Courageous Conversations are Necessary to the Cause:  Moving to the United States from the Caribbean island of Trinidad and Tobago, I have come to a new construction of what it means to be a Black person in this context.  Existing and working in predominantly White spaces has positioned me and others like me to speak up for issues that often get overlooked, because the context is informed by a predominant majority perspective that threatens to marginalize us. It is a threat that is strengthened when we choose to remain silent. For me then, the iconic presence of Rosa Parks is a commanding symbol of courage—courage that refuses to acquiesce in the face of injustice. “Nah! Not today! I will not give up my seat!”

Whatever the cause, the counterattack begins through opposition. It is the lone voice that shouts aloud about injustices that are whispered in hushed tones; it is the lone voice that is not afraid to ask the uncomfortable questions: “And why were no Diversity_Matters-coverpeople of color invited to the event? Recruited for the position? Received the award? Offered a seat at the table? Why are there no women in the top leadership positions? How were candidates recruited, selected? What are we doing to address these inequities? Why? What? How?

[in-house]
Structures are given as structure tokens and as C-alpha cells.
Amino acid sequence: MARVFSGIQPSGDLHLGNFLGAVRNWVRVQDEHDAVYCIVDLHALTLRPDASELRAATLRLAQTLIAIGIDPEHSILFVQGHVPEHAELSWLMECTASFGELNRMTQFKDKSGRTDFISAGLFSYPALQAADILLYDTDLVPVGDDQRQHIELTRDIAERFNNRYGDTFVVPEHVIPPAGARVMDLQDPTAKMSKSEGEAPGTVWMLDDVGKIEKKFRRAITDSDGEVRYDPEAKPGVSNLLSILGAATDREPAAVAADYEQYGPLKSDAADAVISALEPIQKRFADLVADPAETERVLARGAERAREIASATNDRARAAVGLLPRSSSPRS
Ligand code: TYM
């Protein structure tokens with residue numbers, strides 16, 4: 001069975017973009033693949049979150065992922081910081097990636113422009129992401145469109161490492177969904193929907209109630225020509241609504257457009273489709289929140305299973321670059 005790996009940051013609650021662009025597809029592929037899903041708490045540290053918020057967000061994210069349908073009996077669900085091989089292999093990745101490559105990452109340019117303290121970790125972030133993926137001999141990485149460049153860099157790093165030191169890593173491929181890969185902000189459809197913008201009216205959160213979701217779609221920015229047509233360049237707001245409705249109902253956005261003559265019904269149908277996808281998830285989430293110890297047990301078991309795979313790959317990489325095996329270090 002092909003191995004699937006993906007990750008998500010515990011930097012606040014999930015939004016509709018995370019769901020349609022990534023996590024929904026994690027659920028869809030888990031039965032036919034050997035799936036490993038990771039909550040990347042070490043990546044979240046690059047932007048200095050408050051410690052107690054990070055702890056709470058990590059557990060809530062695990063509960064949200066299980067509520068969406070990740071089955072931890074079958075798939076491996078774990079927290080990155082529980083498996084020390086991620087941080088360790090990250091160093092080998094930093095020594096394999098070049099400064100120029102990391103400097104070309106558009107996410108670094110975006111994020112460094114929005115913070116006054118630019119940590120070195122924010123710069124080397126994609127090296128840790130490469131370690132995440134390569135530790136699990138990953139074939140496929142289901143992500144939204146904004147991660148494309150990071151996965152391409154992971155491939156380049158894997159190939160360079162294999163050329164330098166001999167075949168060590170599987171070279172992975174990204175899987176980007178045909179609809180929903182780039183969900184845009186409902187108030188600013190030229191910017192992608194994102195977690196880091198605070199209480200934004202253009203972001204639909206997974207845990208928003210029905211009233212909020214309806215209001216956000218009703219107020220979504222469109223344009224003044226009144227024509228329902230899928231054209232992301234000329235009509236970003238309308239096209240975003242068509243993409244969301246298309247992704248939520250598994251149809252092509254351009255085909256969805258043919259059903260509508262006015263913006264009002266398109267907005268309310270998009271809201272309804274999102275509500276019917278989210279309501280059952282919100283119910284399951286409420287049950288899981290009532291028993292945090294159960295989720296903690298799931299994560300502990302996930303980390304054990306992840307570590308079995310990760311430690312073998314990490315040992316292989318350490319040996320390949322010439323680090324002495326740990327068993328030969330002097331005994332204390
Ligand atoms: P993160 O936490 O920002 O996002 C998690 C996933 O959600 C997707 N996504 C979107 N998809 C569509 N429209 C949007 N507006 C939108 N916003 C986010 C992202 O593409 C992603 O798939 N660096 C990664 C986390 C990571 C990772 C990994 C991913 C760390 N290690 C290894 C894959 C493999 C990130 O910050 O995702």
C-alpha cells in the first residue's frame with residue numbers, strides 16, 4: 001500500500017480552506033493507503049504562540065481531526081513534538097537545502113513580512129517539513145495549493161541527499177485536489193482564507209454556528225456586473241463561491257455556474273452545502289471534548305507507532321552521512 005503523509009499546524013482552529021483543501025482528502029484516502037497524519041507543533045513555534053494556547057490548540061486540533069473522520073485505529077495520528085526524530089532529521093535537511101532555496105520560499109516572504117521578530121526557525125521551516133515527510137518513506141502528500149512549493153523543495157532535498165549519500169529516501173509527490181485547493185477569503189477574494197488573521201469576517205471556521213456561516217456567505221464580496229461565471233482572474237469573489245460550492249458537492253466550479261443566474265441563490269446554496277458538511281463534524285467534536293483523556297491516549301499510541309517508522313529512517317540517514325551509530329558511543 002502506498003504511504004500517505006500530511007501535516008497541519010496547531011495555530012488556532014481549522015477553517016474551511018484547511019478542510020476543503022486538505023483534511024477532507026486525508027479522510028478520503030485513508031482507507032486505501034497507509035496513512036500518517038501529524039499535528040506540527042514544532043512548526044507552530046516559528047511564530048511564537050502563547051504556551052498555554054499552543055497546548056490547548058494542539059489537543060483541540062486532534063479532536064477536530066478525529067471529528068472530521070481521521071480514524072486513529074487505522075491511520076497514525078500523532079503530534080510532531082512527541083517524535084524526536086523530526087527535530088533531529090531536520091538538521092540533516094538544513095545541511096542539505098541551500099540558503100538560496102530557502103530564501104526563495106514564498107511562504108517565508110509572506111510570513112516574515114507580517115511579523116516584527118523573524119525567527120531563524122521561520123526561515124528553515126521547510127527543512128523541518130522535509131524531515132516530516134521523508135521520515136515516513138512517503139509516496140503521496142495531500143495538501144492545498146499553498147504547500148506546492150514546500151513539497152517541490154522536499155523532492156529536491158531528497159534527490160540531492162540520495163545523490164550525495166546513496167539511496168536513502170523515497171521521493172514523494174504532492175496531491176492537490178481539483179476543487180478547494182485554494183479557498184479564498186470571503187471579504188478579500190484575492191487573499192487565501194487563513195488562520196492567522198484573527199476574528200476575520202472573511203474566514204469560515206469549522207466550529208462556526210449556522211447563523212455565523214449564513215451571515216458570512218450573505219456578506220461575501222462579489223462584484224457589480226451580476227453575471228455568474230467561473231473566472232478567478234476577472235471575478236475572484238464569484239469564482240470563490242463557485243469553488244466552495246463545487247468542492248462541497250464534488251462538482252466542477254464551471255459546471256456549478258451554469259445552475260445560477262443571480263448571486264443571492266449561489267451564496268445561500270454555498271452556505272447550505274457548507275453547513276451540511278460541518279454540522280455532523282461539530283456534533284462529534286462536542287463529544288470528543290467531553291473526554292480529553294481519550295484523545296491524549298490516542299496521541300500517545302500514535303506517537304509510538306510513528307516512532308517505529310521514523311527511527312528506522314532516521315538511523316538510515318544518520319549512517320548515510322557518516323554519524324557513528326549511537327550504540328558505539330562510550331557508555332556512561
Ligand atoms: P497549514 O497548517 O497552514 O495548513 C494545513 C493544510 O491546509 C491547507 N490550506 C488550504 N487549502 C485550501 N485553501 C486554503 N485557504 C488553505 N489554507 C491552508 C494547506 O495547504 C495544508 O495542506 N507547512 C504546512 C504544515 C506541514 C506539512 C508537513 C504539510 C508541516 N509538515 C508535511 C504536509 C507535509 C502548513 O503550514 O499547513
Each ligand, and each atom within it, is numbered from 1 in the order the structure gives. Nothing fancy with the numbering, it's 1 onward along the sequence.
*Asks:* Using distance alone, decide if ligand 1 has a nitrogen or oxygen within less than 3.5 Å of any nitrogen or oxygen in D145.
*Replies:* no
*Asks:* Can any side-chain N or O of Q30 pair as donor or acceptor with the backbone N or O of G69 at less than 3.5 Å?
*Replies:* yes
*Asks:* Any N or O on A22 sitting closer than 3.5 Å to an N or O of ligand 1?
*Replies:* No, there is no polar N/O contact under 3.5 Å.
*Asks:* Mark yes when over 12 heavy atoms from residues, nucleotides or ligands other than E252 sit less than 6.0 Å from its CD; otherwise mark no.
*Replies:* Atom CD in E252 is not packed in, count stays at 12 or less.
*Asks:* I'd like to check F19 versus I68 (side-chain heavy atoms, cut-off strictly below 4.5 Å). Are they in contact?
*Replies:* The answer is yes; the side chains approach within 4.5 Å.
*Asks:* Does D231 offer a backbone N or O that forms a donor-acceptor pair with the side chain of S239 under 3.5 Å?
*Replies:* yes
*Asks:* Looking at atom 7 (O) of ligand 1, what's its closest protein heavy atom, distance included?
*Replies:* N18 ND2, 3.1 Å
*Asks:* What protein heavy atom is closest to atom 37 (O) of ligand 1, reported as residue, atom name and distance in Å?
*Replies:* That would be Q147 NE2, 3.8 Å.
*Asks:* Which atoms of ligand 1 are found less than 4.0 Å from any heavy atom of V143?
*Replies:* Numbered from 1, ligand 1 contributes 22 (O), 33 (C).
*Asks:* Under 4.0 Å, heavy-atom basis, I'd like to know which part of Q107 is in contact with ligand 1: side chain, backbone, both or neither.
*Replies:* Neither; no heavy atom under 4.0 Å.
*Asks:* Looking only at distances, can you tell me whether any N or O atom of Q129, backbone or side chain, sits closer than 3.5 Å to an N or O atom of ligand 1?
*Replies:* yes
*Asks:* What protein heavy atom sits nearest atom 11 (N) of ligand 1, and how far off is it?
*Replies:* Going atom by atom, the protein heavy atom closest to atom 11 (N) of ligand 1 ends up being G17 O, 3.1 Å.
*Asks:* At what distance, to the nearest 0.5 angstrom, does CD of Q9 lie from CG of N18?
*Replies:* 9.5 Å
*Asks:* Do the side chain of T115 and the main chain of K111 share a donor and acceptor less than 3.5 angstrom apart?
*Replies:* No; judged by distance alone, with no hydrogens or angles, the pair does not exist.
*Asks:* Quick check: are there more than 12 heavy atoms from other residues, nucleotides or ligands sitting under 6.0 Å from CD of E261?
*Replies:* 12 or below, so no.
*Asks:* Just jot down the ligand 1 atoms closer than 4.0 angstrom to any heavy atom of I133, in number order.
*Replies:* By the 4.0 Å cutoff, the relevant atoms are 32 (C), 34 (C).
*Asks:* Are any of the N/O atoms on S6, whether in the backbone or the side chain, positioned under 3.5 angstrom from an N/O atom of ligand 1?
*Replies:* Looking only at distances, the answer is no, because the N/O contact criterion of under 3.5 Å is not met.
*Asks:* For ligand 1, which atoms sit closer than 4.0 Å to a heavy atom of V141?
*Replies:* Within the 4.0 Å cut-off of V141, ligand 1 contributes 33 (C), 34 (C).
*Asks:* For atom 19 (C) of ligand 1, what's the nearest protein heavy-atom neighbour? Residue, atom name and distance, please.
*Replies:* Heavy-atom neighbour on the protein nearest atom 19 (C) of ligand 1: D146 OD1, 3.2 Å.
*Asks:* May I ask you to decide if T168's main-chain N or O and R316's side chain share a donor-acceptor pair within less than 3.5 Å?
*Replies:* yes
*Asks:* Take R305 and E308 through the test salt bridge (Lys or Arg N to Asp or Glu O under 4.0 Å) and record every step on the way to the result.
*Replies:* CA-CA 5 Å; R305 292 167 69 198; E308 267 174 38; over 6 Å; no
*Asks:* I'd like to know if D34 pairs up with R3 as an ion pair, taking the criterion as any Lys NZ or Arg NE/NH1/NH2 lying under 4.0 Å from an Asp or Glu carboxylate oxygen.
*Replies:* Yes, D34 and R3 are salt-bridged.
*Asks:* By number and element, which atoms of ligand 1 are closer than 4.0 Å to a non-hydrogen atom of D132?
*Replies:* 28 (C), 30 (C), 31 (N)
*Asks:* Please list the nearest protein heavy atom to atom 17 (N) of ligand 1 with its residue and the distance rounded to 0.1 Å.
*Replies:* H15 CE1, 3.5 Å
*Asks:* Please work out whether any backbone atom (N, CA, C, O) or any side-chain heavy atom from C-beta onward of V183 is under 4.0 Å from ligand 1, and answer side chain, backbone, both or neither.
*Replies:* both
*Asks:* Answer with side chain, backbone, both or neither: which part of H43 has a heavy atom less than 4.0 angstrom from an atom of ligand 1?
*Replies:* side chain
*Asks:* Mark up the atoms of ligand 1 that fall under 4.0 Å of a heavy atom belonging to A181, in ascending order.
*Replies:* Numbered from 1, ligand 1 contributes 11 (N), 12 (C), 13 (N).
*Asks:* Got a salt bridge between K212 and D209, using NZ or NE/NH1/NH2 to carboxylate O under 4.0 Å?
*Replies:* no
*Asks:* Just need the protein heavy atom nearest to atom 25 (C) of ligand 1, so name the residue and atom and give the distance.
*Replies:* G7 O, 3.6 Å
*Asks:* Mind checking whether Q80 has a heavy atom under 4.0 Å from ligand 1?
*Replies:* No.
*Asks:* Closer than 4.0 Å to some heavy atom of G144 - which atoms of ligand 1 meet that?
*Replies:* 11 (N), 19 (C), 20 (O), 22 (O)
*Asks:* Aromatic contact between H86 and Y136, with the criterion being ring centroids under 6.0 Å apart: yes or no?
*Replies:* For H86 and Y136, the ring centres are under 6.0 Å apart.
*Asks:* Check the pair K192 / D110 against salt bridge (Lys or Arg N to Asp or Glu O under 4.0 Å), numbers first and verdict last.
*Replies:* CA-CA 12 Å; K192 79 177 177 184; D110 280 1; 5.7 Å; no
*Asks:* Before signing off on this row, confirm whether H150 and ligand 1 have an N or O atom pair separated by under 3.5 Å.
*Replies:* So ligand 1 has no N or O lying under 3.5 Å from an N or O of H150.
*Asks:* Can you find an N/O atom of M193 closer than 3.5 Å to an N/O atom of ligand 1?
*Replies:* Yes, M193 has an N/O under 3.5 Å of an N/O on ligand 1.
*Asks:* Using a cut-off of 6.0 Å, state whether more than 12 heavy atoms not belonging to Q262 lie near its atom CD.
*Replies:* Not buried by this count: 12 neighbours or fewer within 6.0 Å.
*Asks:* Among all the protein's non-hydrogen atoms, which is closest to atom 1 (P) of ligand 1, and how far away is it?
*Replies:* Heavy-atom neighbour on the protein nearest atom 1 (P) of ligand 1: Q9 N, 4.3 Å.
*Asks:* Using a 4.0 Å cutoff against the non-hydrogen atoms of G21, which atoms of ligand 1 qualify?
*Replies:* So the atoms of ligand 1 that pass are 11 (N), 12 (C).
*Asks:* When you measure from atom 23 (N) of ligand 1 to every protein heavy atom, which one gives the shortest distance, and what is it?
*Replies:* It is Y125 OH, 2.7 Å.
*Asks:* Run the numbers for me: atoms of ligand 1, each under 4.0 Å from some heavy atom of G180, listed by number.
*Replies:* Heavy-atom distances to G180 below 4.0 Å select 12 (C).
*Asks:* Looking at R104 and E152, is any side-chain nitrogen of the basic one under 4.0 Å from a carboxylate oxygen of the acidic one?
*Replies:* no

Though my cause may be different from yours, the advancement of work against systemic injustices requires a conversation starter. It requires someone who is brave enough to voice the concern that unapologetically challenges the normative–and lets the chips fall where they may.

Now that kind of courage does not come easily. In fact, every time I have started one of these conversations with students, colleagues, relatives, friends or even in my scholarship around the topic of diversity and inclusion, I have done so in spite of my fears. No, it is not easy, but it is indeed necessary. And whether we emerge from such conversations on the winning or losing side is not really the point. The point is: “Am I? Are you courageous enough to walk in your convictions—to make a mark that is distinctively you– to speak your truth even though your voice is quivering?” That is the kind of courage that Harper Lee defines as “real courage” ….It’s when you know you’re licked before you begin, but you begin anyway and you see it through no matter what. You rarely win, but sometimes you do.”

So, bring on the courageous conversations! Why? Well, because at 50 and counting I have earned both the right and the responsibility to lead such conversations  And come to think of it now, maybe I will get that cape after all…